BBC postpones return of Vaughan’s radio show amid racism allegation

The BBC has postponed the return of Radio 5 Live’s Tuffers and Vaughan Cricket Show amid ongoing turmoil in the corporation over how best to deal with a racism allegation against the expert summariser Michael Vaughan.

The programme was initially pulled for one episode after Vaughan was accused of making a racist remark while playing for Yorkshire in 2009, which the former England captain has vigorously denied. However, its planned return next Monday has also been shelved, with the BBC putting Rugby Union Weekly in its 9pm slot instead.

The BBC did not respond to a request for comment but insiders say the show is now unlikely to return until next month – at the earliest – and that the question of whether Vaughan will be part of the BBC’s Ashes coverage also remains up in the air.

Vaughan, who has worked as a summariser and analyst on Test Match Special for 12 years, has been accused of telling three players of Asian descent that there were “too many of you lot, we need to do something about it” before a county match in Nottingham.

That allegation was brought up again by Azeem Rafiq in his appearance in front of MPs on Tuesday, who said Vaughan had also used a Daily Telegraph column to try to discredit him.

However, Vaughan vehemently denies the allegation and also says he has the backing of the other Yorkshire players in the match, which has made the issue particularly difficult for the BBC to resolve.

Azeem Rafiq accused Michael Vaughan of a racially insensitive comment during his testimony before a select committee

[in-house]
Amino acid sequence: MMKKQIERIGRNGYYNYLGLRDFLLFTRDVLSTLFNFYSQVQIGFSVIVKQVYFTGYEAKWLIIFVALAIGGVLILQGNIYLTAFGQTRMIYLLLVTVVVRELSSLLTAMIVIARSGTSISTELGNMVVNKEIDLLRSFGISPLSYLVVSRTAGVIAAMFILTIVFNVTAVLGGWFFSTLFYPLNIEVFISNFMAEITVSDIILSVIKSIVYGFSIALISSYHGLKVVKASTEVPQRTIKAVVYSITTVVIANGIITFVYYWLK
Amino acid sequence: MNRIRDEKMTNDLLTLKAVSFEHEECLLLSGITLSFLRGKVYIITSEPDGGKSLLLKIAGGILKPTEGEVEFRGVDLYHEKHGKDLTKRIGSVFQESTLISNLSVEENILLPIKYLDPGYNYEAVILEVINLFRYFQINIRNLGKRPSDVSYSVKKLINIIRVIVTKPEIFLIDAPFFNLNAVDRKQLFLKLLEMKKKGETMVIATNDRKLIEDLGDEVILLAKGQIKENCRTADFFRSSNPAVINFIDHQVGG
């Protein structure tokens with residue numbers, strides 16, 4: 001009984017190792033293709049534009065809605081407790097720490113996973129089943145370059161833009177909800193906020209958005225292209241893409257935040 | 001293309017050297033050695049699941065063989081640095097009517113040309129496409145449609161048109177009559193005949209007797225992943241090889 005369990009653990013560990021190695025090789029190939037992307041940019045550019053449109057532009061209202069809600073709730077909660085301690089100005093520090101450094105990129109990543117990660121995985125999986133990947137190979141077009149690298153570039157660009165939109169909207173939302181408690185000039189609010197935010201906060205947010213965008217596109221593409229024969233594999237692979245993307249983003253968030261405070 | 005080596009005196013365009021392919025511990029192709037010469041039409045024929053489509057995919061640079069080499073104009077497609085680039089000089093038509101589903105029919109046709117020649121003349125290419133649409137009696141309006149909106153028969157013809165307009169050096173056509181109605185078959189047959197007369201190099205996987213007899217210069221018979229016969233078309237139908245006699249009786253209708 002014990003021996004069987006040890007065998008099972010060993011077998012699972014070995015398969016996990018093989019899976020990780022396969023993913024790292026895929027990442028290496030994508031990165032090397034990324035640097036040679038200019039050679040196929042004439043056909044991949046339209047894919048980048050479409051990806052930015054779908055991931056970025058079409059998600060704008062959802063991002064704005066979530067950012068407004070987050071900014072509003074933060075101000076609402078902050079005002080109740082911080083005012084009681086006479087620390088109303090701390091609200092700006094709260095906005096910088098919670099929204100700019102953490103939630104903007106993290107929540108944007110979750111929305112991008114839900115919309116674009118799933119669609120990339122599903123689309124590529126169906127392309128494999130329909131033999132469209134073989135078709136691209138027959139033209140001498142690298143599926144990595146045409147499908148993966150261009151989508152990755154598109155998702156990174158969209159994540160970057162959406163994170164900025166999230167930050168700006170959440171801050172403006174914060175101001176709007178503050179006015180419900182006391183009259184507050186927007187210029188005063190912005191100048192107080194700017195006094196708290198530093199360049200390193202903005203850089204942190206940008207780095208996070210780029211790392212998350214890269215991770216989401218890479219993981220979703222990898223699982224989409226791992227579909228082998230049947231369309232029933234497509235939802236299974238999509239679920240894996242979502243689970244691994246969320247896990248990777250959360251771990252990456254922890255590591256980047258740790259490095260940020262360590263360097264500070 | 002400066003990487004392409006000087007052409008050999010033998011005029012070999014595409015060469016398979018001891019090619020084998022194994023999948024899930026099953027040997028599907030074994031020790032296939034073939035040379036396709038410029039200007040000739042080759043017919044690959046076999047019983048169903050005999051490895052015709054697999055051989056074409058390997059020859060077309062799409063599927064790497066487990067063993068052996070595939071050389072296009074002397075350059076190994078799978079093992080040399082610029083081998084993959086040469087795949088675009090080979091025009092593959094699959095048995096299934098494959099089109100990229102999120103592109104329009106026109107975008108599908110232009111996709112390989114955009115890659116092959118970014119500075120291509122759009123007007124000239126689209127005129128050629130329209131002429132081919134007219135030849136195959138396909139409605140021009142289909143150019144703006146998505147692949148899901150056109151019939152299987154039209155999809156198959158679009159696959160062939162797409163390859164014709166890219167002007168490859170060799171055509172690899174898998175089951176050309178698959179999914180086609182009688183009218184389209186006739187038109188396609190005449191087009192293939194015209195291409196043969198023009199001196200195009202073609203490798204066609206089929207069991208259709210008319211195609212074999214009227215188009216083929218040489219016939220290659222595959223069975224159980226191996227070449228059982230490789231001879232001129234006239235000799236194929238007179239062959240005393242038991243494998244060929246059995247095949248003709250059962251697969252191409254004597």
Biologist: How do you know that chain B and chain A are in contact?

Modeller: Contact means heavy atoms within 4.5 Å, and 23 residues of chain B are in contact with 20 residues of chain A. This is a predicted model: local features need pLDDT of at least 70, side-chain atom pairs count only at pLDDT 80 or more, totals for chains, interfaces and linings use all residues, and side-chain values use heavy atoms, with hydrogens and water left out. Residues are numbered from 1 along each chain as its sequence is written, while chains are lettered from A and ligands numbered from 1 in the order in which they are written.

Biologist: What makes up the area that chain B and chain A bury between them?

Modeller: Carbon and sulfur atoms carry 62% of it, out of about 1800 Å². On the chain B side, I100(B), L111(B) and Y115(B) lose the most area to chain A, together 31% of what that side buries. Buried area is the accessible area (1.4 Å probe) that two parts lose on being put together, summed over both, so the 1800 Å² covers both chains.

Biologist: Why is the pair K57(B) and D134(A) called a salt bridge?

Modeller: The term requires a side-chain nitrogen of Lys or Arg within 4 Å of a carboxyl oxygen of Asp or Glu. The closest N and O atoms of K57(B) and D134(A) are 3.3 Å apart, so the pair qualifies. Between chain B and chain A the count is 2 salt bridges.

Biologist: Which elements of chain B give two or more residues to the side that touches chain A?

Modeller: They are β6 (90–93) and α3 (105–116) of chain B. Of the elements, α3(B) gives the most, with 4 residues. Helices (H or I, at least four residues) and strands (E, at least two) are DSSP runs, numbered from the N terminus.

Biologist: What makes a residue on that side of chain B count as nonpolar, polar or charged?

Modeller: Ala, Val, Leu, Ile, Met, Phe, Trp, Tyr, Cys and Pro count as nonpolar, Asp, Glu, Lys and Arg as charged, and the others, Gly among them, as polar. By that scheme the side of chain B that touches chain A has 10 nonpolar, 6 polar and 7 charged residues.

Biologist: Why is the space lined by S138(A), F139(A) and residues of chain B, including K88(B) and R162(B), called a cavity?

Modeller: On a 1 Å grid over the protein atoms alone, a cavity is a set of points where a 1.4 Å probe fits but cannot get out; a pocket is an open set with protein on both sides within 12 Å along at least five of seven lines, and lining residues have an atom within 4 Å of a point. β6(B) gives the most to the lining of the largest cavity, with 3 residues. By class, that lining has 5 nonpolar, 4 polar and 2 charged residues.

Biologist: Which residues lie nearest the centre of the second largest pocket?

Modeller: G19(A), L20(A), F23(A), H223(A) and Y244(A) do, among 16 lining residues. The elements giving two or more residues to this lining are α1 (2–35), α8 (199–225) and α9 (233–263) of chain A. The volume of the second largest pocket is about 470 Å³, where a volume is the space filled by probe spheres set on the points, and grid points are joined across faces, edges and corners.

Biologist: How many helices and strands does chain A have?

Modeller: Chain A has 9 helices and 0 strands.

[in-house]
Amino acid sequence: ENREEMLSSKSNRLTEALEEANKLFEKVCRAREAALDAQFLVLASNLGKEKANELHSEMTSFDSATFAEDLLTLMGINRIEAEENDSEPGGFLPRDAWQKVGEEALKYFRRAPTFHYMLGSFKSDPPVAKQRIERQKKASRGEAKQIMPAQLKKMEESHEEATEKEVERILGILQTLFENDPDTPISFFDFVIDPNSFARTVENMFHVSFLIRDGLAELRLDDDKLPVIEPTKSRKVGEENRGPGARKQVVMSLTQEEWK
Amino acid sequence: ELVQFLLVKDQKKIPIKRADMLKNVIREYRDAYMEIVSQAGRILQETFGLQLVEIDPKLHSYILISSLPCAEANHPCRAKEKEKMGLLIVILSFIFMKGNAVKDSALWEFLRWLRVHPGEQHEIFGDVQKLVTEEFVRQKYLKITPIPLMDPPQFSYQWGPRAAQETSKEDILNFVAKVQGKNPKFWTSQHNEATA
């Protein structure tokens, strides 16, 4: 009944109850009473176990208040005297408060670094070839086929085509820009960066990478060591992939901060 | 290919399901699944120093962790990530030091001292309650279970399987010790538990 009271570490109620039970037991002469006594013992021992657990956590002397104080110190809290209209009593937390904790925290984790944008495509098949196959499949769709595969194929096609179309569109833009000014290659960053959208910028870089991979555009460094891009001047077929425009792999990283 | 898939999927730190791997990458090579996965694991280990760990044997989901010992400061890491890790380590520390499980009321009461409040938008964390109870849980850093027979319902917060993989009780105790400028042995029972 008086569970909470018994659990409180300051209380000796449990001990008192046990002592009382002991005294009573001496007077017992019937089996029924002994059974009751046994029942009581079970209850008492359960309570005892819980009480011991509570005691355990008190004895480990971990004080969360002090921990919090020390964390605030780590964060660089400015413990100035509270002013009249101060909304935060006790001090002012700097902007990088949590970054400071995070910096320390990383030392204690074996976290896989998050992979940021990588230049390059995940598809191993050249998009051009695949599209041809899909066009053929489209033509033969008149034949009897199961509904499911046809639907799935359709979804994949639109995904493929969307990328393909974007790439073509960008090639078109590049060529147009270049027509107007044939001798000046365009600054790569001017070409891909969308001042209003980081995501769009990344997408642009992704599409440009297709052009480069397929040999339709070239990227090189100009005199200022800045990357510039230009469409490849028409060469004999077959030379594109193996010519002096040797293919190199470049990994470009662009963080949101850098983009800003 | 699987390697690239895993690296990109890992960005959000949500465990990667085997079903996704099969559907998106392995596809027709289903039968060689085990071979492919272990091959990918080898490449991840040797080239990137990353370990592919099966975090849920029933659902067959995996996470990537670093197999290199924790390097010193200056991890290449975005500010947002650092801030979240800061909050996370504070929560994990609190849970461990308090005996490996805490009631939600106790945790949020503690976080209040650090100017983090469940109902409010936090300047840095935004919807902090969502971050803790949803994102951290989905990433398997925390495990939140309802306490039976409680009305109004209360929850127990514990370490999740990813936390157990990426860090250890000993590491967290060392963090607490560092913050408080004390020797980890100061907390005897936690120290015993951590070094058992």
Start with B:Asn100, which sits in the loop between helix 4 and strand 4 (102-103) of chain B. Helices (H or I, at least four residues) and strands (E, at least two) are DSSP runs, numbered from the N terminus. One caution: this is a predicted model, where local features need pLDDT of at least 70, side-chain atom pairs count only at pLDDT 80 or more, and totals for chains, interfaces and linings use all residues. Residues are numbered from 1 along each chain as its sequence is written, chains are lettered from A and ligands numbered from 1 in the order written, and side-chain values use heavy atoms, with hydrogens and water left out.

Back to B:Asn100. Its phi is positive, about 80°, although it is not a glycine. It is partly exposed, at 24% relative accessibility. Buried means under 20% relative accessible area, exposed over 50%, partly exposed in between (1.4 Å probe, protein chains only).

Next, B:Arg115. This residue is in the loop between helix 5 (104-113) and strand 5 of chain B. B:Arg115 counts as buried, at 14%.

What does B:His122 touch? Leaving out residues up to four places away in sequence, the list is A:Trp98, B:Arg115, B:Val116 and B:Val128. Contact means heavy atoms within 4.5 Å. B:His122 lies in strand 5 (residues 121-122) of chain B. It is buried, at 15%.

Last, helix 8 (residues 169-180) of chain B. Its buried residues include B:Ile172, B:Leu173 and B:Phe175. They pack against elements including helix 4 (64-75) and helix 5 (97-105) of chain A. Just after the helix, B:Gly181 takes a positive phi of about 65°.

Azeem Rafiq accused Michael Vaughan of a racially insensitive comment during his testimony before a select committee. Photograph: House of Commons/AP

Meanwhile, the Sky cricket analyst David Lloyd has apologised to Rafiq after it emerged in parliament that he had sent text messages about his personality and drinking that attempted to smear the former Yorkshire player.

Rafiq said: “He rang me last night and I told him honestly what I thought about his comments, they were completely out of order. But the overriding thing was he rang, he apologised, I accepted the apology. Anyone that apologises … that’s all I ever wanted.”

News of the apology emerged after Sky had revealed it was investigating Lloyd’s texts. A Sky spokesperson told the Guardian: “Sky is committed to actively championing inclusion in cricket – and in all sports – and opposing all forms of discrimination. We will be investigating the comments attributed to David Lloyd in the select committee hearing.”

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On Tuesday night, Lloyd also issued a public apology, saying he deeply regretted his actions. “In October 2020, I had a private message exchange with a third party involved in cricket, about a number of topics,” he said.

“In these messages, I referred to allegations about Azeem Rafiq which I had heard from within the game. I also made some comments about the Asian cricket community. I deeply regret my actions, and I apologise most sincerely to Azeem and to the Asian cricket community for doing this, and for any offence caused.”